Has the UK really failed to manage COVID ?
One of the distressing problems with this pandemic is the interpretation of data which is fluid and open to the criticism that , "There are lies , damn lies and then there`s statistics" . Trying to base political and health policy on what we think we know about COVID-19 has proven to be an extremely tricky balancing act dependant on which numbers you think are relevant. Do you react to deaths attributed to COVID? Or do you think the number of new cases a day is more important ? Or maybe the number of people admitted to hospital? Or the R number?
All the above have their merits and detractions. Every government in the world and the experts advising them is struggling to make sense of the lies or the statistics and put their message over to the public - the people who get sick , the people who have to change behaviour, the people who lose their jobs , the people who vote in elections.
So here is another statistical way to look at what has gone on before. Two graphs are shown. They describe excess deaths in comparison to other years when COVID did not exist. Excess deaths are not user biased. They do not depend on evidence of COVID within 28 days or a doctor`s judgement about whether the patient died because of COVID or not . A death is a death. If rates are higher in the first 11 months of 2020 there must be a reason and I do not think anyone could argue that this year , the reason worldwide is the current COVID pandemic .
What can we make of the graphs? One graph shows that a lot of people died between February and October particularly in Western Europe and the USA but the excess mortality was much worse in some countries than in others . Why? That of course is the big question and there are numerous theoretical reasons . Speculation on the reasons is the job of media and politicians and we can all make up our own minds . But, nobody owns the right answer. The graph just tells you what has happened, no ifs or buts.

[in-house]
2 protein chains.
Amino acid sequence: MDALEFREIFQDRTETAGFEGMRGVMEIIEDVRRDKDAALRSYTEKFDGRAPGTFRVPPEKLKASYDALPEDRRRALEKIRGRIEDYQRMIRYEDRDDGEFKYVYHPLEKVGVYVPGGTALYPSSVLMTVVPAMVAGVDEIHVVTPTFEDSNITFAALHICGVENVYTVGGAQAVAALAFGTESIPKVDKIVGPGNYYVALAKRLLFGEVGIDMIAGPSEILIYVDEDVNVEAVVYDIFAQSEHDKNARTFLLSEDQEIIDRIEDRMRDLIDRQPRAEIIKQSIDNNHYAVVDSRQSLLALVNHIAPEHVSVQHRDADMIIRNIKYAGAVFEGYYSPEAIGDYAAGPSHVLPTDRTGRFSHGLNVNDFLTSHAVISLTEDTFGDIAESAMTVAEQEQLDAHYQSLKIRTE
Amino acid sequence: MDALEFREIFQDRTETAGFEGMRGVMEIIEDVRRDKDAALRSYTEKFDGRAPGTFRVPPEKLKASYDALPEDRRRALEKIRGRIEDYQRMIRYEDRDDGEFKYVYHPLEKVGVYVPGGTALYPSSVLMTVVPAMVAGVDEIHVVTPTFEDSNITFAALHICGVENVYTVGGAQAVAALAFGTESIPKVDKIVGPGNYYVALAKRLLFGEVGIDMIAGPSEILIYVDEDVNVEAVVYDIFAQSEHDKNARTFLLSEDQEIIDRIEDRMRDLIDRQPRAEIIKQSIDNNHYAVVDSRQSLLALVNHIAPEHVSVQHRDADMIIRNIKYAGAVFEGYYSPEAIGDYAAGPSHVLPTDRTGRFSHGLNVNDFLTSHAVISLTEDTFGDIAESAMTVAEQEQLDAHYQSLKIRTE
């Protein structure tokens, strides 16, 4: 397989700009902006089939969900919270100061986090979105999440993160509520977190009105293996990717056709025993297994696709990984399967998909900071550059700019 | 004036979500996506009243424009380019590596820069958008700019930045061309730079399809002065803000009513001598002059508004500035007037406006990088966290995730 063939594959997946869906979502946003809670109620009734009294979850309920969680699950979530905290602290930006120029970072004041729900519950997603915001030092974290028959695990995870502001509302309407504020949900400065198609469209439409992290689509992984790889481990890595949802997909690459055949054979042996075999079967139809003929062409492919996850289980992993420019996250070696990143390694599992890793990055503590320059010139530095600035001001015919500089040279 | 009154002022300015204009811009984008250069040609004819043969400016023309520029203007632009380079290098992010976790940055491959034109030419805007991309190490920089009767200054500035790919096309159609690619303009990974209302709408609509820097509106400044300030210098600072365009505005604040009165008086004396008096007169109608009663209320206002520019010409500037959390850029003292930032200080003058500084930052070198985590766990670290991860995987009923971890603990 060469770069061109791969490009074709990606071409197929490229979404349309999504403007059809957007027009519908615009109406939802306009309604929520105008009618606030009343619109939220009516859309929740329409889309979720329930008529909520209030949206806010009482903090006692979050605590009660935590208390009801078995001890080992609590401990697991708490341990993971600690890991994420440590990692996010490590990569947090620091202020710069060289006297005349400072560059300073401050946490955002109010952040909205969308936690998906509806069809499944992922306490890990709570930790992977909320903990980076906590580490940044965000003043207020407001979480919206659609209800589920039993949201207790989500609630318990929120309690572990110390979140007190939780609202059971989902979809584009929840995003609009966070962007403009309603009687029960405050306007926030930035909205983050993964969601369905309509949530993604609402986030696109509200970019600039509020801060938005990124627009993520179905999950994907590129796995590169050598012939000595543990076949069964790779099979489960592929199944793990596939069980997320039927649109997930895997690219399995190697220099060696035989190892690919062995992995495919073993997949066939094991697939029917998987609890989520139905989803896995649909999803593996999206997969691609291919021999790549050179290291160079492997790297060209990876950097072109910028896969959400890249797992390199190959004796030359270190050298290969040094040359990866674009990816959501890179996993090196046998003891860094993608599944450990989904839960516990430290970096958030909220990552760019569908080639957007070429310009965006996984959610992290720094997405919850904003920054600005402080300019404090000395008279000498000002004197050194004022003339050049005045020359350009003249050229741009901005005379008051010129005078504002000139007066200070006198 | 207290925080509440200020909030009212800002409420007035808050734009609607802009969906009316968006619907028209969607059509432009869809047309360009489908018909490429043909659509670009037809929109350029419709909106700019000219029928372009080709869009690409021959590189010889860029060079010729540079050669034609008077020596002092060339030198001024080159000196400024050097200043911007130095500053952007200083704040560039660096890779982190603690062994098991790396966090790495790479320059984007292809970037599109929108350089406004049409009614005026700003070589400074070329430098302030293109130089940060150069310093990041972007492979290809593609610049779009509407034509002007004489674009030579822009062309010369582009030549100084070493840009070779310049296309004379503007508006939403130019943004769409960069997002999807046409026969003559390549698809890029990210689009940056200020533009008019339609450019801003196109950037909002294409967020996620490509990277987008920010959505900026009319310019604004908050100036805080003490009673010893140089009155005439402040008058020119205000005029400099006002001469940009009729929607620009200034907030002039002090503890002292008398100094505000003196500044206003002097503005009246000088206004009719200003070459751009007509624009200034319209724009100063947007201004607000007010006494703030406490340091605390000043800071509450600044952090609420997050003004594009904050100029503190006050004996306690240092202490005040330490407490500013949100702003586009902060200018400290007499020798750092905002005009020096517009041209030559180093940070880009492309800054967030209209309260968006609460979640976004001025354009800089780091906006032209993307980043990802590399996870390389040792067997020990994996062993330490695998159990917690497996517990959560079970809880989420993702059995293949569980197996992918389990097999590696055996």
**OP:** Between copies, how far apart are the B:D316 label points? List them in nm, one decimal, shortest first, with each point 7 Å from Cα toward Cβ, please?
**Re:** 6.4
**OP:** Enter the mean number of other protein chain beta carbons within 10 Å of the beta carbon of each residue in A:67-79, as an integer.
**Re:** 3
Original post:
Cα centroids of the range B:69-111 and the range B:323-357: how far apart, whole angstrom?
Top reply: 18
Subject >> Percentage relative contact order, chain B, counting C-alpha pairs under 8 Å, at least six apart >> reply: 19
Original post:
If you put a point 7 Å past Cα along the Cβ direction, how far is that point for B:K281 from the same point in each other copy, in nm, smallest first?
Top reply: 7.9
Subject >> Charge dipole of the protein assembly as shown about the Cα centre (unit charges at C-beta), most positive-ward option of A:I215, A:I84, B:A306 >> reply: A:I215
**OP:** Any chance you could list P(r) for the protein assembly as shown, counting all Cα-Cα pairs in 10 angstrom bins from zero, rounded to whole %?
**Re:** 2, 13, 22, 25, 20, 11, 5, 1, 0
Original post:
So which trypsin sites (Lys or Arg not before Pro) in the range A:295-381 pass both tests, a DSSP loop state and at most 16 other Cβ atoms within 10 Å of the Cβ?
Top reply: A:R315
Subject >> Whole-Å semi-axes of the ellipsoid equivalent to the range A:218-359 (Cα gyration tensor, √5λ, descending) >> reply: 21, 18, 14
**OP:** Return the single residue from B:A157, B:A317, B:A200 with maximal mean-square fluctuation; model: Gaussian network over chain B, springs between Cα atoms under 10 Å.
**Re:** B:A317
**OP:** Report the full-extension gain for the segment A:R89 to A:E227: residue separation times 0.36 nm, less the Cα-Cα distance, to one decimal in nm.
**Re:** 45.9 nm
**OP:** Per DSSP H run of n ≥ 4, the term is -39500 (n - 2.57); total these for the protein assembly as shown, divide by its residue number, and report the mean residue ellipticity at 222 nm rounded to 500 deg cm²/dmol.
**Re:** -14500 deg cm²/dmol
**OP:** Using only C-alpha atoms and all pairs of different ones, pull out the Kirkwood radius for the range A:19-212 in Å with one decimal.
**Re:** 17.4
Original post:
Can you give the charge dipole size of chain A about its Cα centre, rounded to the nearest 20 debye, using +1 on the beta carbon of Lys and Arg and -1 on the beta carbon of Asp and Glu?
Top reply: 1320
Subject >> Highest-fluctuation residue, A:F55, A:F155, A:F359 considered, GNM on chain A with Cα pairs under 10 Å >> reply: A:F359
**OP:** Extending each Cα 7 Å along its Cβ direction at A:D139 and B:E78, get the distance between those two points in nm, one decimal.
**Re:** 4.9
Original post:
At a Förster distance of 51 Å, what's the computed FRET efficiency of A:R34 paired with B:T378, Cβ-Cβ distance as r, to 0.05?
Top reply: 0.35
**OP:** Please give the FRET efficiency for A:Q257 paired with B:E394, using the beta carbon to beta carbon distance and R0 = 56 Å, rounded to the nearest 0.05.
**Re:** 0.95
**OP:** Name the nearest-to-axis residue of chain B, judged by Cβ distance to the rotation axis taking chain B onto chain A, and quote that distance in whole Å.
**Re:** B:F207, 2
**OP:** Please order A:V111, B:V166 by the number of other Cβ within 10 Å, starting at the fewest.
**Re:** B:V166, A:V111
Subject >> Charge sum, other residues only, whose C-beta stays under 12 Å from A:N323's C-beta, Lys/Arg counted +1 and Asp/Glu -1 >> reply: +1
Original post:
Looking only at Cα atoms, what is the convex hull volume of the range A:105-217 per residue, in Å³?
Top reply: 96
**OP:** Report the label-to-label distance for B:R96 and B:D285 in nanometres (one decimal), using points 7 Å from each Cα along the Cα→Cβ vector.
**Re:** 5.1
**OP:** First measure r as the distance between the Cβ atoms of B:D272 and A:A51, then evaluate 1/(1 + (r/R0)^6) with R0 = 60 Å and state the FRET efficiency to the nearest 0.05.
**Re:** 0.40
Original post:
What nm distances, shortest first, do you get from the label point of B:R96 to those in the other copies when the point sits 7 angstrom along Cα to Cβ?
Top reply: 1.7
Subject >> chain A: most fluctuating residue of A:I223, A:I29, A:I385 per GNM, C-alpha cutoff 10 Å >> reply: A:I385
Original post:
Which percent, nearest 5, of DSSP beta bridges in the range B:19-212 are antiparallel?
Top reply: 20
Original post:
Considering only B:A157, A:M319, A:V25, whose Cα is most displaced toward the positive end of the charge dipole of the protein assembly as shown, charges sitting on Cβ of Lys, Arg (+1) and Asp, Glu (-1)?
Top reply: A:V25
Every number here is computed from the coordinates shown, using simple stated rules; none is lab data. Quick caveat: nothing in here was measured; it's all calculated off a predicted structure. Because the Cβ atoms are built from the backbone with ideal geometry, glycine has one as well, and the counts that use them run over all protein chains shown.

The other graph tells you about excess mortality since May. In other words, when action was taken in March and April, what was the effect on excess deaths - which we have agreed must be due to COVID. Remember that deaths from COVID occur about 3 weeks after the acute infection which is why excess deaths from May are relevant. Now, we can see that again some countries made big inroads to excess death rates, others did not do quite as well but everyone reduced their numbers. Again, how and why this was achieved can be debated but the common thread throughout was an imposition of behavioural changes, mask wearing and social distancing. Some countries have done more of these than others and so there is a variation in the successful reduction in excess deaths.
By way of personal comment, I think that Sweden (little of no lockdown) the UK (inefficient lockdown?) and the US (terrible, negligent lockdown) all have the worst stats. By comparison, Germany, Canada and Spain seemed to have done really well so perhaps we should model our public health response on their policies.
Of course, all of this has been blown out of the water since the beginning of October with resurgence of COVID cases across the world. We will not see the effect until November and those statistics, or lies or damned lies, are not available yet. Meanwhile, I think doing nothing is a bad policy. Sweden has not done better than the UK despite radically different approaches. The interesting thing to see is whether there will be a difference in excess deaths in this second wave because the theory is that Sweden may have developed herd immunity. I predict that they will not have much better outcome than the UK and that the US will fare much worse because they have no effective policy, a leader who holds mass meetings with no mask wearing and who has totally undermined his public health department.
Date posted: 02 November 2020
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